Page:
Spring 2009

Table of Contents - Vol. V, No. 1


Poetry     Interview     Translations     Fiction     Book Reviews

Christopher T. George


Interview with C.E. Chaffin

C.E. Chaffin with his dog, J. Alfred Prufrock,
whom he describes as “my little English butler with a Japanese provenance.”

CTG: Could you say something about your influences? I know T.S. Eliot and Pablo Neruda are two of them. Do you wish to name any others?

CE: Jeffers, Frost, Strand, Roethke, Rilke. In mentioning them, I am naming poets I have consciously imitated. They are by no means all of my poetic influences, as opposed to poets I merely enjoy.

CTG: I was impressed that your book is dedicated to your late daughter, Rachel, whose death must have been a considerable loss and trauma to you and your wife Kathleen.

CE: If Rachel hadn’t died, I wouldn’t have dedicated the book to her. But the dedication to Kathleen would have stood. And isn’t all poetry really a rebirth from grief? Spring is the season of poetry, even if Eliot mocked the tradition in “The Waste Land.”

CTG: In regard to the demise of your web magazine, Melic Review, was it just the spammers that downed the site or were you having troubles (personal or whatever) that may have meant the end of the site in any case?

CE: It was three things. The barbarians overrunning the last civilized poetry board with no registration and thus no policing requirements; the failure to find a reliable webmaster; and my cyclical depression. But we were conscious about our end, and thus we called our last issue the “Death” issue, and published some fine work about death from a number of talented writers as our swan song. Incidentally, Chris, you are correct that the Melic archives do include some rare examples of my own poetry, although I want to point out that I did insist on never first-publishing staff.

CTG: I know you and your family lived in Mexico for some time. Do you want to say anything about your years in Mexico? I know your bio says you came back to California because your children were grown, but were there other factors? Why did you move there in the first place?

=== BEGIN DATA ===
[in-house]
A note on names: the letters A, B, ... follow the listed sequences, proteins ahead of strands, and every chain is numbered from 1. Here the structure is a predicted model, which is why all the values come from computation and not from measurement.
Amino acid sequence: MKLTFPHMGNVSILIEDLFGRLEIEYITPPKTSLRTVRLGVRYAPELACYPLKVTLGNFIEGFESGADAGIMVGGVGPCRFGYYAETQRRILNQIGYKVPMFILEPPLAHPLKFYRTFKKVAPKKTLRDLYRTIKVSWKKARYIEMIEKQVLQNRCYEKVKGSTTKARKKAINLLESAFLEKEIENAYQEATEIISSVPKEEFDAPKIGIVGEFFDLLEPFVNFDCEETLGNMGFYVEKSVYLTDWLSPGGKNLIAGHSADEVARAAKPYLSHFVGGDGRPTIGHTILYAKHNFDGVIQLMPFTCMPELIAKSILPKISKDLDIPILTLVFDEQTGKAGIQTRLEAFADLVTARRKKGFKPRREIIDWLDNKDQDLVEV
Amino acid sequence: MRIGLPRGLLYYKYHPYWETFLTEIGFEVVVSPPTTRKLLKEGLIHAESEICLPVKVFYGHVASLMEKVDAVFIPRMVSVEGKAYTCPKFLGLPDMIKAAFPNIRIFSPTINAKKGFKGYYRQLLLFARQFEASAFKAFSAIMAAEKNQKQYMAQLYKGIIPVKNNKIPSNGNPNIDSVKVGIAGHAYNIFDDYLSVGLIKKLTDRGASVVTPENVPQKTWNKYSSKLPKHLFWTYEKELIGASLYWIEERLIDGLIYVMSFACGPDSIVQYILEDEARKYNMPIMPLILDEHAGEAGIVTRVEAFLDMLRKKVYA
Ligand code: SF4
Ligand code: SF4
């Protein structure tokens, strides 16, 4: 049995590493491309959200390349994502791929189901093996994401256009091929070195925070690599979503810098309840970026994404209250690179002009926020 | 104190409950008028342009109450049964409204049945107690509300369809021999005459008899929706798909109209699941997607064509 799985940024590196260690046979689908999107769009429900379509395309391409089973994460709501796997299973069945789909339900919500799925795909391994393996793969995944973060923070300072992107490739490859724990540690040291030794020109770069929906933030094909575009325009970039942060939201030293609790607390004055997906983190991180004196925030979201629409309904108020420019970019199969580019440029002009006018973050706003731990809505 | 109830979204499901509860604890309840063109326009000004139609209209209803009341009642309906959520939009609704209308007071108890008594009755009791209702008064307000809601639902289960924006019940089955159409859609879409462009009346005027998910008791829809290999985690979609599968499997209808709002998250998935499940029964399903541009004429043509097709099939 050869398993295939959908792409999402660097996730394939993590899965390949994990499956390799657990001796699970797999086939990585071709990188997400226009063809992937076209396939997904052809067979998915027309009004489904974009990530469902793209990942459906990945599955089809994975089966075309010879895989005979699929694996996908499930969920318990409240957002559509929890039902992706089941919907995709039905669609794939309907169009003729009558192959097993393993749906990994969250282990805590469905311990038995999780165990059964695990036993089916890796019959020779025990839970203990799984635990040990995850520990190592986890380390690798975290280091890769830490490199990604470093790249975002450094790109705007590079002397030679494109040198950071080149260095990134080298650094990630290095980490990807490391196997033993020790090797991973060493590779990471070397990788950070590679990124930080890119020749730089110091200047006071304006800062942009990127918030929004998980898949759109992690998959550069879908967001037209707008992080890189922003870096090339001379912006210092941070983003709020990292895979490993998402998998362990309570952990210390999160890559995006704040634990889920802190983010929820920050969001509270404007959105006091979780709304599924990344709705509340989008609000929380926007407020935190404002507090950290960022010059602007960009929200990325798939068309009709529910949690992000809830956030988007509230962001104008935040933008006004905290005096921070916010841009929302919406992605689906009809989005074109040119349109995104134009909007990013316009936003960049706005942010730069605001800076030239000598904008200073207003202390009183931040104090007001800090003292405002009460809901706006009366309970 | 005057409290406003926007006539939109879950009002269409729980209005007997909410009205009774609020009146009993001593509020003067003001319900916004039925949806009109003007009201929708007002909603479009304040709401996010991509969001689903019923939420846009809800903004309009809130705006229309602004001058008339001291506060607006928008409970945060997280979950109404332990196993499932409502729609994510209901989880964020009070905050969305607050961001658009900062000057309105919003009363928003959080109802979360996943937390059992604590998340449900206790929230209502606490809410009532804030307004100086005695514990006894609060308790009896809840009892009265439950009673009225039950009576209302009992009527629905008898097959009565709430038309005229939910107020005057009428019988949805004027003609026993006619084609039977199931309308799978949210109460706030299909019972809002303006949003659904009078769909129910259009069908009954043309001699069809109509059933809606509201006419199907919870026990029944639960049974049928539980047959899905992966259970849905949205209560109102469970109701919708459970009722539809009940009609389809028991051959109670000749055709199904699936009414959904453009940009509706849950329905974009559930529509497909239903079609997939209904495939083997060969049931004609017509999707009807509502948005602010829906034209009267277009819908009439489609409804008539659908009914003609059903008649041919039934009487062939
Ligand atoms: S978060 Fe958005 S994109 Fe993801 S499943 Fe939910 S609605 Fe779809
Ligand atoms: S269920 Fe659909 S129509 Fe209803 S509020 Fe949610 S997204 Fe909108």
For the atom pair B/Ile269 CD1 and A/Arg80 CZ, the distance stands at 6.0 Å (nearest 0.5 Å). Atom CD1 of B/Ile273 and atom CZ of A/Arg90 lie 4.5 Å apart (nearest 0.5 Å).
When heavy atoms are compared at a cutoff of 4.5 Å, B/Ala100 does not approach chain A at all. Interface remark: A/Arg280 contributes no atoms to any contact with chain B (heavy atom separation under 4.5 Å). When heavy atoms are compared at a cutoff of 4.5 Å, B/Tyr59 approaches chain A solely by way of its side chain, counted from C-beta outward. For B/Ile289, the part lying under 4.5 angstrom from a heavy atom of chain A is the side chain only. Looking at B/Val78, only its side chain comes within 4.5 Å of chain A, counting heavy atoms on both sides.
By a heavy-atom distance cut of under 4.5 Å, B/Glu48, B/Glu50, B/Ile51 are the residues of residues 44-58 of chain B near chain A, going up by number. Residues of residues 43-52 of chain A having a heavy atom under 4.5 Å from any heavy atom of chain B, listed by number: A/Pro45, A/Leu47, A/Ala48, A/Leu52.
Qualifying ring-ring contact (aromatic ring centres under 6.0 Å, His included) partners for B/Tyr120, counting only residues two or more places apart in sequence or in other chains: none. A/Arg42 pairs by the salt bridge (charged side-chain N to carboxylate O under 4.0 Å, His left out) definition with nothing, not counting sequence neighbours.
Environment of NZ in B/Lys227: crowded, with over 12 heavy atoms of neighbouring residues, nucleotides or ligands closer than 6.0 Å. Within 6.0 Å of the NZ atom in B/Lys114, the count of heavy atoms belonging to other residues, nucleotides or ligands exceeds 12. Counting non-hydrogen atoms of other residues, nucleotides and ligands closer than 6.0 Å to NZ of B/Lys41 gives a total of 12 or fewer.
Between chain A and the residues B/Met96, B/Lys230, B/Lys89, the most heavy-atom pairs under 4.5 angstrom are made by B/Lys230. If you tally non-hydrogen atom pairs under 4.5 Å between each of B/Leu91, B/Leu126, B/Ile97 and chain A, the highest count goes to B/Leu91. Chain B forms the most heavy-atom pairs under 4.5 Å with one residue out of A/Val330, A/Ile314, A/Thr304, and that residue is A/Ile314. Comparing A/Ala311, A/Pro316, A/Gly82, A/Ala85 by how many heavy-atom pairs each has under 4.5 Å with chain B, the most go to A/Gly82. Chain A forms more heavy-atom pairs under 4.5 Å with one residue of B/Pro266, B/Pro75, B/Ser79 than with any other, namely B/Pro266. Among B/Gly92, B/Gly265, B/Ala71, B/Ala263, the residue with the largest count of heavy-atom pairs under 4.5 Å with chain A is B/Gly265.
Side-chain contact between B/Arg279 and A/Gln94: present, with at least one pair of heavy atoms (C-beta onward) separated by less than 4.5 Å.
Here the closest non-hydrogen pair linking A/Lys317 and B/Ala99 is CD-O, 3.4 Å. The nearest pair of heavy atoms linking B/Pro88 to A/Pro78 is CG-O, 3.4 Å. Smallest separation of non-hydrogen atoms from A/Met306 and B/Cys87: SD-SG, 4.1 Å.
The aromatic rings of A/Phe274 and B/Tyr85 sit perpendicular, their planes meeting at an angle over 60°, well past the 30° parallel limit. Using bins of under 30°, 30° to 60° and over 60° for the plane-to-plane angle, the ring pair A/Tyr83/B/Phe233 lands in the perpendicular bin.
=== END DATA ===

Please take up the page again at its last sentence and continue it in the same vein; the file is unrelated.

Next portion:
CE: Mexico was an experiment in trying to save your American home as a rental while living more cheaply in Mexico (we were house-poor). In this regard we failed. We came back because I really hated Mexico. I couldn’t take the heat, even at 6,000 feet., and I was always getting sick with amoebiasis.

CTG: How did living in Mexico influence your poetry?

CE: I got a localized feeling for Eliot’s “timeless moment” in the Amerindian culture of manana, although I think the imprecisions of living in Mexico would have driven Eliot crazy. Or crazier. I also read more Neruda and Paz and others in the original Spanish.

CTG: Now that you are retired from medicine, you both lecture on depression and lead one-on-one poetry tutorials. Would you care to comment on those activities?

CE: I’m a good guy to talk to if one is depressed. I have been there as a manic-depressive and also trained in psychiatry. Many poets have confided in me, which is to be expected, because, historically, about 20% of “name” poets are bipolar. It all comes with the territory: poet, doctor, madman.

I still tutor poets online, generally six weeks intensive for $300. I don’t do it for the money but for the pleasure of encouraging new voices.



© Christopher T. George



Poetry     Interview     Translations     Fiction     Book Reviews

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